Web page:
Friday, March 24, 2006

U.S. Air Force testing robots as security guards

u0307999 ZHAI NING U.S Air Force is taking steps to try out new robotic security guards to replace the human duties in order to save potential losses of life and improve efficiency. There are two major robotic is on trial at EGLIN AIR FORCE BASE, Florida. mini-robot deployed

One robot being tested is a Jeep-size, four-wheeled vehicle that has been equipped with radar, television cameras and an infrared scan to detect people, vehicles and other objects. It carries a breadbox-sized mini-robot that can be launched to search under vehicles, inside buildings and other small places.

Another robot is fashioned from an off-the-shelf, four-wheeled all-terrain vehicle, giving it added versatility because a human also can ride it like a normal ATV. Both vehicles can be remotely operated from laptop computers and can be equipped with remotely fired weapons, like an M-16 rifle or pepper spray.

Those robotics can be programmed to patrol and in case of suspicions, they will sound loudly to tell potential threats, and interesting can use different languages to question the intruders. But the Air Force still use a human to be always around because the military doesn't want to give machines complete discretion. Very practical example of what the situation is about the security robotic. But it also pose a problem to us, how much we can believe a robotic to secure us, and how about the social issures with the deployment of the robotics?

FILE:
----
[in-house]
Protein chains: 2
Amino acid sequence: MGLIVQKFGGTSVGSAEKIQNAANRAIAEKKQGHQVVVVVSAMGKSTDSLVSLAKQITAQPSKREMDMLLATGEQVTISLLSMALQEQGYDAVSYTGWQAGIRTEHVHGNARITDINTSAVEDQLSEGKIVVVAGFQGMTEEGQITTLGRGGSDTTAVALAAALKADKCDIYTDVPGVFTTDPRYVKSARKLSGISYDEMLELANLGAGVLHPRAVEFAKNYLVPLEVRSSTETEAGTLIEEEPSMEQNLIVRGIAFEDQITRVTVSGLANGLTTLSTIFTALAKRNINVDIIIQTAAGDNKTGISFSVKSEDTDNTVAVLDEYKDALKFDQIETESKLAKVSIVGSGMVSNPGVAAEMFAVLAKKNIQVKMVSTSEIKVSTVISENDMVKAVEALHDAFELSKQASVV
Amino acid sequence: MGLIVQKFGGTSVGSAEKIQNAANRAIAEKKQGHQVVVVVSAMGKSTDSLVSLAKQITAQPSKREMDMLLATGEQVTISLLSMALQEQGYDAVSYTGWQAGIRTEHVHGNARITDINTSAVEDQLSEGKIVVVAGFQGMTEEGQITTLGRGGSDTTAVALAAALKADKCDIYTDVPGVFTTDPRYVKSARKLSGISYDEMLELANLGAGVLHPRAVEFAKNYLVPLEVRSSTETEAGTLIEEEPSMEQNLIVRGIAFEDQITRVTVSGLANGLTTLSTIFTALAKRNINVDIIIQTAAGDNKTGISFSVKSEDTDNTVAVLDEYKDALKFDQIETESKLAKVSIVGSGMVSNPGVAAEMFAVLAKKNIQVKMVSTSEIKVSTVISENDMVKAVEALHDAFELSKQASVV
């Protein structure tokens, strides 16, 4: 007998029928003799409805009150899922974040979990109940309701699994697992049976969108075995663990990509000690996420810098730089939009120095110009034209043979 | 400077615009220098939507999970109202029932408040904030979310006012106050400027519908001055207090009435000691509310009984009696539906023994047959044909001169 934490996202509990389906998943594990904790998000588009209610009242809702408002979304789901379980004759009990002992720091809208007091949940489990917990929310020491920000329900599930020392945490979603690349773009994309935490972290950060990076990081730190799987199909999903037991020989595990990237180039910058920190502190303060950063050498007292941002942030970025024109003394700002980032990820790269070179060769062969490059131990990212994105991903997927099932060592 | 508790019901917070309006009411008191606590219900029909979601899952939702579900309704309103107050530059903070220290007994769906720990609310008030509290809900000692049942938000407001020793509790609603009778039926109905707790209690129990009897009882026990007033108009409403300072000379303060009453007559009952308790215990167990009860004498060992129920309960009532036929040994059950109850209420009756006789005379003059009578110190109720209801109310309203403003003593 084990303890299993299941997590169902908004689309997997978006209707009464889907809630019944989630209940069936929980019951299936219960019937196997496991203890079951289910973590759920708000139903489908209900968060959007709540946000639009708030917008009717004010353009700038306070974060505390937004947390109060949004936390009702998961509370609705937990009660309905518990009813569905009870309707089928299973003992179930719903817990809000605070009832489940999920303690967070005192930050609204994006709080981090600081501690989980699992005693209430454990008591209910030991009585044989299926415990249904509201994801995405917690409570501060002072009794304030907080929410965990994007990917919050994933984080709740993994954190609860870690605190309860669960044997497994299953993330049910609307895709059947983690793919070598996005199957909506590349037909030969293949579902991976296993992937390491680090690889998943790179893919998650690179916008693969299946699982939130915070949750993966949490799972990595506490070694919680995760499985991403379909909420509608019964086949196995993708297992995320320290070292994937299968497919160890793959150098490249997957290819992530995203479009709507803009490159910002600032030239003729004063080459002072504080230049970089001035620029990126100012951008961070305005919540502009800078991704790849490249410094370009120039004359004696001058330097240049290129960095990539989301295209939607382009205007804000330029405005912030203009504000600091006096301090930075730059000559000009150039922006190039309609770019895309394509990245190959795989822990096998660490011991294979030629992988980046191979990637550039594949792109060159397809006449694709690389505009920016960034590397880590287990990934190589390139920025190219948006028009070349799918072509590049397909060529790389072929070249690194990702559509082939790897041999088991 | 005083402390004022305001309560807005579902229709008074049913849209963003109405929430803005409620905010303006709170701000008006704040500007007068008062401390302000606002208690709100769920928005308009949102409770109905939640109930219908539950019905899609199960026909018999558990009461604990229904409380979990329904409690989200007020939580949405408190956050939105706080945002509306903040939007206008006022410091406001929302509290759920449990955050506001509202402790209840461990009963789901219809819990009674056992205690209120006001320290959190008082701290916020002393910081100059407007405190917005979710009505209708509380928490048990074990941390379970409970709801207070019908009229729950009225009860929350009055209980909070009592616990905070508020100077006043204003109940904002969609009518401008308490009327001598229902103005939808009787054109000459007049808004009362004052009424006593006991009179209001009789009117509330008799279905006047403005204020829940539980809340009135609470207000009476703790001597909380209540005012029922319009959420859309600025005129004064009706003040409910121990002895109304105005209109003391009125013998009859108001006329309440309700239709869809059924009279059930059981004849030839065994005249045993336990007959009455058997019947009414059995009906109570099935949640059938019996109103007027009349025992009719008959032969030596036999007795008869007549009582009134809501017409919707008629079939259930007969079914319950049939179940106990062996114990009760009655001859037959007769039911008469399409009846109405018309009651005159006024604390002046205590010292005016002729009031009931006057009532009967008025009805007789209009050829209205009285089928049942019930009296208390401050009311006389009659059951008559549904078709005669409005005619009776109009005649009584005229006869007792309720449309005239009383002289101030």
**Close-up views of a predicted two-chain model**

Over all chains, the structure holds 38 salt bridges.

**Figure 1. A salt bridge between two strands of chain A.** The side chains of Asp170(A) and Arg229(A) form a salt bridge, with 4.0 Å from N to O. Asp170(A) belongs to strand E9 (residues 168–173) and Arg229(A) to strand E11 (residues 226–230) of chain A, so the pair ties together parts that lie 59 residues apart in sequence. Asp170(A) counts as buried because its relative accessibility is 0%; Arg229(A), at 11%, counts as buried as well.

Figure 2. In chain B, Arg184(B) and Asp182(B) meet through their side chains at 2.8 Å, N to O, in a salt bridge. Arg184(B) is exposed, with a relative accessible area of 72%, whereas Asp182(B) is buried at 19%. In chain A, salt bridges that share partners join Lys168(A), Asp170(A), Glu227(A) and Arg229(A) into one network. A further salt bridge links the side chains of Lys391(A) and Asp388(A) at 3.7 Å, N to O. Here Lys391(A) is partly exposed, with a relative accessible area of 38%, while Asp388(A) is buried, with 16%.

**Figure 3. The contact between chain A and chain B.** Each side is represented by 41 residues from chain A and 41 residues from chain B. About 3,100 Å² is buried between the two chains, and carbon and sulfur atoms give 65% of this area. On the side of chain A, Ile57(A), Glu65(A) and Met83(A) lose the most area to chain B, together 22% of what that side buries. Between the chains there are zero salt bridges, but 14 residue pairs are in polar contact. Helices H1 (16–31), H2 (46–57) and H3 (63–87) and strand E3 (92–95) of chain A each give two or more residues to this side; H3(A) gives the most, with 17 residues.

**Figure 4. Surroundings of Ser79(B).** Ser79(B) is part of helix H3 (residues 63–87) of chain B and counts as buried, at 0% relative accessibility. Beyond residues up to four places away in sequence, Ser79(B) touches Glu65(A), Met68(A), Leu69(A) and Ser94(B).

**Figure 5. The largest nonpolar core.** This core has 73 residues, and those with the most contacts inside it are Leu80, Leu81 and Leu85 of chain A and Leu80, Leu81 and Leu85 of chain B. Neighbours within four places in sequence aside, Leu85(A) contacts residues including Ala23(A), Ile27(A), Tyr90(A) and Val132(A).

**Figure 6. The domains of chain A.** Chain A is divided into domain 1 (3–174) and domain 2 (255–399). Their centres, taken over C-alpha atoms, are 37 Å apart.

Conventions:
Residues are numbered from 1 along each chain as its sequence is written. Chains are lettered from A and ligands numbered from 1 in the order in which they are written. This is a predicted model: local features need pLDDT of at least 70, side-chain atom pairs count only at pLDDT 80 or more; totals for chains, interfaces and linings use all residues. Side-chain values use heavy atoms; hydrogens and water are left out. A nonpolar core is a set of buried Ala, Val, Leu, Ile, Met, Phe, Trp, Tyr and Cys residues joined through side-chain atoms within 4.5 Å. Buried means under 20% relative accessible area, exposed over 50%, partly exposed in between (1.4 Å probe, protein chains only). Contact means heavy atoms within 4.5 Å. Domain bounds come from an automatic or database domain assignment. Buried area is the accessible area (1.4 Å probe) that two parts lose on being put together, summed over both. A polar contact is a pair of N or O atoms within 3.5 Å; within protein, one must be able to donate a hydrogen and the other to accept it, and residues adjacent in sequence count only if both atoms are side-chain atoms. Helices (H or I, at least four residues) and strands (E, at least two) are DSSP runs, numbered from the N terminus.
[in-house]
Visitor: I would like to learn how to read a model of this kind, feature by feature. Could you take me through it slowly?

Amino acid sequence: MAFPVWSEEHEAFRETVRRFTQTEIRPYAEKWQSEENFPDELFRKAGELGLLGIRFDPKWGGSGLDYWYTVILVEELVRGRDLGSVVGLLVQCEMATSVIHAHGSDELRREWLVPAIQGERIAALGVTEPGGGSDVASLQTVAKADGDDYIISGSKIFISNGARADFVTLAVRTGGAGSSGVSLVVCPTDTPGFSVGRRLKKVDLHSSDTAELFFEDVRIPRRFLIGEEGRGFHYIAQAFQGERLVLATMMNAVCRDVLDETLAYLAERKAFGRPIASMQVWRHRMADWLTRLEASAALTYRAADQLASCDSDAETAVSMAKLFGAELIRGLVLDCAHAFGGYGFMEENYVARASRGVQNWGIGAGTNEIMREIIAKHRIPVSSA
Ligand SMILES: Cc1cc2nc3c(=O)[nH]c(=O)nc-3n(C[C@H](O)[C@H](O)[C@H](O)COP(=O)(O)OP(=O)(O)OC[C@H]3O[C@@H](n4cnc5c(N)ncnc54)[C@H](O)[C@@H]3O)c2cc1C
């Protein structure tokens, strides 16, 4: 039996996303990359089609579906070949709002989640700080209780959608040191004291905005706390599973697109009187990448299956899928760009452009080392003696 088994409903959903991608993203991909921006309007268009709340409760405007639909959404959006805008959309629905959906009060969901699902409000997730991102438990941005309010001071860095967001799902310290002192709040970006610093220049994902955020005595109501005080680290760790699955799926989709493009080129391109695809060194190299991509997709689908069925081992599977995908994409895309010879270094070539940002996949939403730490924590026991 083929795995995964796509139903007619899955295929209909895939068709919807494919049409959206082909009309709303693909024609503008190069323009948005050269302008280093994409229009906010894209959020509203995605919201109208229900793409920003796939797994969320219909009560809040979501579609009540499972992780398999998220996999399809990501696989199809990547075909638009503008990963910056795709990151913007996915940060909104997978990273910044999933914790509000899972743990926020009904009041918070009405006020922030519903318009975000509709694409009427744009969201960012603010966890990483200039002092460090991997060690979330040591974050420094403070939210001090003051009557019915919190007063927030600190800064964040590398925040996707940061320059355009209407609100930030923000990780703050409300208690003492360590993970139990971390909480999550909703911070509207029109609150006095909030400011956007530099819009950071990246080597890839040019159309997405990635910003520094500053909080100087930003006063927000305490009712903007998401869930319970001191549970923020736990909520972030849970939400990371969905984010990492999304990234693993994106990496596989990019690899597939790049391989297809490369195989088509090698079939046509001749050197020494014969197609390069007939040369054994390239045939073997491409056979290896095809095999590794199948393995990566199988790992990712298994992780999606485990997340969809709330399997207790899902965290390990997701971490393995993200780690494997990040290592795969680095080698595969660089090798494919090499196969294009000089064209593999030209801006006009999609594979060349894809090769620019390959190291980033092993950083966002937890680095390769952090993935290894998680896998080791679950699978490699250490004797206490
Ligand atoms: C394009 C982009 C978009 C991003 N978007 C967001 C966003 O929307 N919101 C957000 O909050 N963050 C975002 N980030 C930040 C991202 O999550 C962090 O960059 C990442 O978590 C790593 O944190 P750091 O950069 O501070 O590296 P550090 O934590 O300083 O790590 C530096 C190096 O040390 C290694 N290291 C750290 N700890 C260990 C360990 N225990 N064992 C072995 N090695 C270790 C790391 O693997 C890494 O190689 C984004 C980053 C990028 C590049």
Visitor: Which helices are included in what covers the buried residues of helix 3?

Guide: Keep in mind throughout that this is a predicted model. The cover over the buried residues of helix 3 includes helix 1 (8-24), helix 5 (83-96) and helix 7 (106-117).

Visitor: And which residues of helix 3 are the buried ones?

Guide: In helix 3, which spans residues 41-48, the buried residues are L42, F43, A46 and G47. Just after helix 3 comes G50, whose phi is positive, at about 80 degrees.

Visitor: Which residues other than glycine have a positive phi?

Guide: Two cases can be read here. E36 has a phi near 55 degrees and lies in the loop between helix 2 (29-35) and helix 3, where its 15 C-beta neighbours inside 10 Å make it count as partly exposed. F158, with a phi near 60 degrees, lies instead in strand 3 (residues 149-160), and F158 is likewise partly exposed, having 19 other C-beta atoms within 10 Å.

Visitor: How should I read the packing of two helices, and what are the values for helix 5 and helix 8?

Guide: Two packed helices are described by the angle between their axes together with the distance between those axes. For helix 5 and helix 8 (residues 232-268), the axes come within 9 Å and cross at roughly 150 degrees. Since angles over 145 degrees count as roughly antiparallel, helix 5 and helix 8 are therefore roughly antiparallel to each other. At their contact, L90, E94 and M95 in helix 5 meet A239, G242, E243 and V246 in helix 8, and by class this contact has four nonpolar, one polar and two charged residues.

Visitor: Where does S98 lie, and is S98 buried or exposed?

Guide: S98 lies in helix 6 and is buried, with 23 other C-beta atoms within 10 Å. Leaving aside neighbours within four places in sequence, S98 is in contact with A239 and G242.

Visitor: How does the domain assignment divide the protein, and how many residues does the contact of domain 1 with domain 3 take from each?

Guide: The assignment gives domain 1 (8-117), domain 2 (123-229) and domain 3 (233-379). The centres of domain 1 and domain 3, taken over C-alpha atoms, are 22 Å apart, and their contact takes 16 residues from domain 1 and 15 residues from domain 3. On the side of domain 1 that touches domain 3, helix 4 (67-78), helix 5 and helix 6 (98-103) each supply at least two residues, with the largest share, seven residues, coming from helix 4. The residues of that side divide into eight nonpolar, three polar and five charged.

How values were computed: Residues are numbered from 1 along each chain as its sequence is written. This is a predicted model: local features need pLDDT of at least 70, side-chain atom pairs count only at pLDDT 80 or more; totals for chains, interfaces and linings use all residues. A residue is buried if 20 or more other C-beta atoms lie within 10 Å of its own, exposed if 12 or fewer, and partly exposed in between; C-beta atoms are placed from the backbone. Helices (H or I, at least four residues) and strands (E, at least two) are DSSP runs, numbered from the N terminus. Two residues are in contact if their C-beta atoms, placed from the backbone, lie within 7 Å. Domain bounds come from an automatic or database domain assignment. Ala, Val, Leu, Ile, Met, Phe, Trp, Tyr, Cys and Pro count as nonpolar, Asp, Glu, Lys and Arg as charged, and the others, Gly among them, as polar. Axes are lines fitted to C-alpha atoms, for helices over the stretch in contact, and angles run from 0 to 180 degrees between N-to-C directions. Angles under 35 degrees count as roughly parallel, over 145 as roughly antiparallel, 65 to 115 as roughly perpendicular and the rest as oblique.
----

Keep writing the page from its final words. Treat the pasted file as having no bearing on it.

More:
4 comments:

Home said...

u0303819 Ang Yong Chee

While the robot is certainly much more efficient and more durable than it human counterpart , i agreed with Zhai Ning about the degree on trust we can place on these robots .

The fact remains that the robots are deployed in highly sensitive and "risky" places, and hence these robots are be subjected to potential sabotages or tamperings by infiltrators(terrorists).

The infiltrator(s) could "radio jammed" or use an EMP attack on the robot to render these robots useless before striking at the control station (head quarters )should these robots are used for early detection purposes .

Furthermore , the robots might not be able to react "appropriately" whether in a geniune case or a false alarm , without the risk of injuring the innocents.

Therefore , it could be best if the patrol team is made up of a few human members and a robot.

Home said...

u0308030 PHUNG DUC KIEN

I think this robot's IA still not enough to be reliable and autonomous. I predict 40 years later we can upgrade this robot to a fully-functional one. At that time, I will dare to say we will have a robot war between conflicting countries.

Industry said...

u0204781 Peh Meng Wee

I definitely agree with Ang Yong Chee on the EMP thing. An EMP would effectively knock out the robots. Decapitating the security system. In times where terrorist are pretty well funded and creative, it is probably not a good bet to trust the robots too much on providing comprehensive security.

Edutainment said...

U025313R Chua Kin Chye
I agree that in this case, robots should not be given total autonomy. This is because the nature of the operation is that of a sensitive nature where life and death is on the line. A mis-calculation or malfunction on an armed robot could be disastrous. On the other hand, this robot can serve to protect the security personnel in the sense that the robots will be on the frontline.
Hence, I feel that the robots are feasible, but only if coupled with a human factor.